5 WARNINGS AND PRECAUTIONS
5.1 Tissue Ischemia
Administration of LEVOPHED to patients who are hypotensive from hypovolemia can result in severe peripheral and visceral vasoconstriction, decreased renal perfusion and reduced urine output, tissue hypoxia, lactic acidosis, and reduced systemic blood flow despite "normal" blood pressure. Address hypovolemia prior to initiating LEVOPHED [see Dosage and Administration (2.1)]. Avoid LEVOPHED in patients with mesenteric or peripheral vascular thrombosis, as this may increase ischemia and extend the area of infarction.
Gangrene of the extremities has occurred in patients with occlusive or thrombotic vascular disease or who received prolonged or high dose infusions. Monitor for changes to the skin of the extremities in susceptible patients.
Extravasation of LEVOPHED may cause necrosis and sloughing of surrounding tissue. To reduce the risk of extravasation, infuse into a large vein, check the infusion site frequently for free flow, and monitor for signs of extravasation [see Dosage and Administration (2.1)].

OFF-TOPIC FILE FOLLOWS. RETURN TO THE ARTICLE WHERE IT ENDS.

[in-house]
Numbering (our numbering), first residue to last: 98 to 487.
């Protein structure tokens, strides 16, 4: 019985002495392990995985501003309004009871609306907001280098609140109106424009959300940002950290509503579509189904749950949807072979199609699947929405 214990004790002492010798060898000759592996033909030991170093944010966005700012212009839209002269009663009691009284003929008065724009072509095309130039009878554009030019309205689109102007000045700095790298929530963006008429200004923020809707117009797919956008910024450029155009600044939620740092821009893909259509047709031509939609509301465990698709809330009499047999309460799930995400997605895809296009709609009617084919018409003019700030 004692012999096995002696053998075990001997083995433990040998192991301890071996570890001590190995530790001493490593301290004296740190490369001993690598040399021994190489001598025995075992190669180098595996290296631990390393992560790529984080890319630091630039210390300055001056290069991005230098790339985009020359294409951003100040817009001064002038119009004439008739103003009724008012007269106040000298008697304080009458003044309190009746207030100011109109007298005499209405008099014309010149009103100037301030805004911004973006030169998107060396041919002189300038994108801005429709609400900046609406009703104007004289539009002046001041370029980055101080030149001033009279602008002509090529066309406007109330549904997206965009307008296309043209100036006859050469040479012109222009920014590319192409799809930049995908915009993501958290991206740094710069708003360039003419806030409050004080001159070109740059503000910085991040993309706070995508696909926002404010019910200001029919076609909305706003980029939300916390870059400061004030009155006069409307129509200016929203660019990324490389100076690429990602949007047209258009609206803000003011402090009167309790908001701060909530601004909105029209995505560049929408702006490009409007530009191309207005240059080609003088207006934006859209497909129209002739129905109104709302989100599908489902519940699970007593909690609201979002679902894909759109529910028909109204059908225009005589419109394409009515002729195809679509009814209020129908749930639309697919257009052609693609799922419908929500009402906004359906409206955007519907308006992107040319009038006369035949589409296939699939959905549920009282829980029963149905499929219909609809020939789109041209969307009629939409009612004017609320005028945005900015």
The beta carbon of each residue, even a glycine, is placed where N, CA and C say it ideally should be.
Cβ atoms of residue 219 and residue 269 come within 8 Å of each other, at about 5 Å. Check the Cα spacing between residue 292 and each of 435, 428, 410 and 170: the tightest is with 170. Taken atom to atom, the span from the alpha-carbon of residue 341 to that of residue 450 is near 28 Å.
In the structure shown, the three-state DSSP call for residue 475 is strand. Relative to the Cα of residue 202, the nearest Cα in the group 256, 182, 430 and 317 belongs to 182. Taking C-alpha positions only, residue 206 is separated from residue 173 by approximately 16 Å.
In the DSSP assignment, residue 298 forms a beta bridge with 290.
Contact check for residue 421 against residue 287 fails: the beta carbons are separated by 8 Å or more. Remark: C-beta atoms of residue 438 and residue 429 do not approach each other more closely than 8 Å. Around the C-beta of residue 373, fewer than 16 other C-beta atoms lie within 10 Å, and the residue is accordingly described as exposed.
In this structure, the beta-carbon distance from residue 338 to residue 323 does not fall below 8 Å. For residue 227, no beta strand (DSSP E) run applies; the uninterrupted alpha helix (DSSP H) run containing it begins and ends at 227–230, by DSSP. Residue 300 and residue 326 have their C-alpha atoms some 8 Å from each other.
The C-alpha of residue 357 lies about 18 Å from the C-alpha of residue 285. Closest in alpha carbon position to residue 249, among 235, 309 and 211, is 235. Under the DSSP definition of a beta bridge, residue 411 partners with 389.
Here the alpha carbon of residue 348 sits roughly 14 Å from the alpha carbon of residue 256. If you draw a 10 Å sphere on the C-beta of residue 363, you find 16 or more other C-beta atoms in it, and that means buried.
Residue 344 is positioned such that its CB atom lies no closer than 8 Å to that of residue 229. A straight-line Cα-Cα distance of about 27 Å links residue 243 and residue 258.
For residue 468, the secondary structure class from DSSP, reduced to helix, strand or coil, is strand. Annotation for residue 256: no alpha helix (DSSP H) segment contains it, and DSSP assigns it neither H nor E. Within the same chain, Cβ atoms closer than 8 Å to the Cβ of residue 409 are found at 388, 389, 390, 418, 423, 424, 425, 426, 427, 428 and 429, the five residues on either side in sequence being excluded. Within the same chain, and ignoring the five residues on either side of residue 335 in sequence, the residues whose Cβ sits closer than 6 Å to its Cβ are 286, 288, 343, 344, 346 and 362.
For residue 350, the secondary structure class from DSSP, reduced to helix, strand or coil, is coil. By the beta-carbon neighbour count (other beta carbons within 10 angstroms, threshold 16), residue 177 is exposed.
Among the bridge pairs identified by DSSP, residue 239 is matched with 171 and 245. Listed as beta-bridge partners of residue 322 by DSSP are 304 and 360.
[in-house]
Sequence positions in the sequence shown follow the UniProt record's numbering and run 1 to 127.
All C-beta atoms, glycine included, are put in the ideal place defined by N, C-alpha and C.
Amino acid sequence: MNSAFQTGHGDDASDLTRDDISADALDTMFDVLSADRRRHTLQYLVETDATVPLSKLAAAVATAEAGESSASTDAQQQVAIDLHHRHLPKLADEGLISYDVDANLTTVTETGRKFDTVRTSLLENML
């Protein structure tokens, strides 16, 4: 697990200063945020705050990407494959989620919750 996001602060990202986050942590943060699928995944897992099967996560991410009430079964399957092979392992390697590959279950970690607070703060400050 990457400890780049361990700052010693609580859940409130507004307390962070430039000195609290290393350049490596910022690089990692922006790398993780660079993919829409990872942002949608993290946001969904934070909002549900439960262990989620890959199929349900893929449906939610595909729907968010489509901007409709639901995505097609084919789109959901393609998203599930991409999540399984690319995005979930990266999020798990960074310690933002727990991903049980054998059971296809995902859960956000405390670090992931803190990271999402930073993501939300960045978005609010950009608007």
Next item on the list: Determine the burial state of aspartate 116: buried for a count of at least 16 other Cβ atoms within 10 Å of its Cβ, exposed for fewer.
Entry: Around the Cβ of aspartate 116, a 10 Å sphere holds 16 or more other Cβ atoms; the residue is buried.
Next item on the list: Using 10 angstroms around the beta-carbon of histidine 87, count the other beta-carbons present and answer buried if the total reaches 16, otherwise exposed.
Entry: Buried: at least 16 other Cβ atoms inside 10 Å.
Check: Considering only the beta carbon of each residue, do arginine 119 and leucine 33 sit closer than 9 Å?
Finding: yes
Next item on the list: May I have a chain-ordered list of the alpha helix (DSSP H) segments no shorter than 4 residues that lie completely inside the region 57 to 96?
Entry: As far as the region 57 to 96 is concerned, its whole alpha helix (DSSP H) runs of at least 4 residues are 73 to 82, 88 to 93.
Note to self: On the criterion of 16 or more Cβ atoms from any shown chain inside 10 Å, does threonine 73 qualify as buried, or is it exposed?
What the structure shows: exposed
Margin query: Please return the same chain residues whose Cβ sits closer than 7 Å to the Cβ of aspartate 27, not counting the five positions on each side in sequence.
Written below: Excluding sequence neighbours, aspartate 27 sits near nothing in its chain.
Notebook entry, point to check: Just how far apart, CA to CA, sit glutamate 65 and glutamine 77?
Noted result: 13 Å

Emergency Treatment of Extravasation
To prevent sloughing and necrosis in areas in which extravasation has occurred, infiltrate the ischemic area as soon as possible, using a syringe with a fine hypodermic needle with 5 to 10 mg of phentolamine mesylate in 10 to 15 mL of 0.9% Sodium Chloride Injection in adults.
Sympathetic blockade with phentolamine causes immediate and conspicuous local hyperemic changes if the area is infiltrated within 12 hours.
5.2 Hypotension after Abrupt Discontinuation
Sudden cessation of the infusion rate may result in marked hypotension. When discontinuing the infusion, gradually reduce the LEVOPHED infusion rate while expanding blood volume with intravenous fluids.
5.3 Cardiac Arrhythmias
LEVOPHED elevates intracellular calcium concentrations and may cause arrhythmias, particularly in the setting of hypoxia or hypercarbia. Perform continuous cardiac monitoring of patients with arrhythmias.
5.4 Allergic Reactions Associated with Sulfite
LEVOPHED contains sodium metabisulfite, a sulfite that may cause allergic-type reactions including anaphylactic symptoms and life-threatening or less severe asthmatic episodes in certain susceptible people. The overall prevalence of sulfite sensitivity in the general population is unknown. Sulfite sensitivity is seen more frequently in asthmatic than in non-asthmatic people.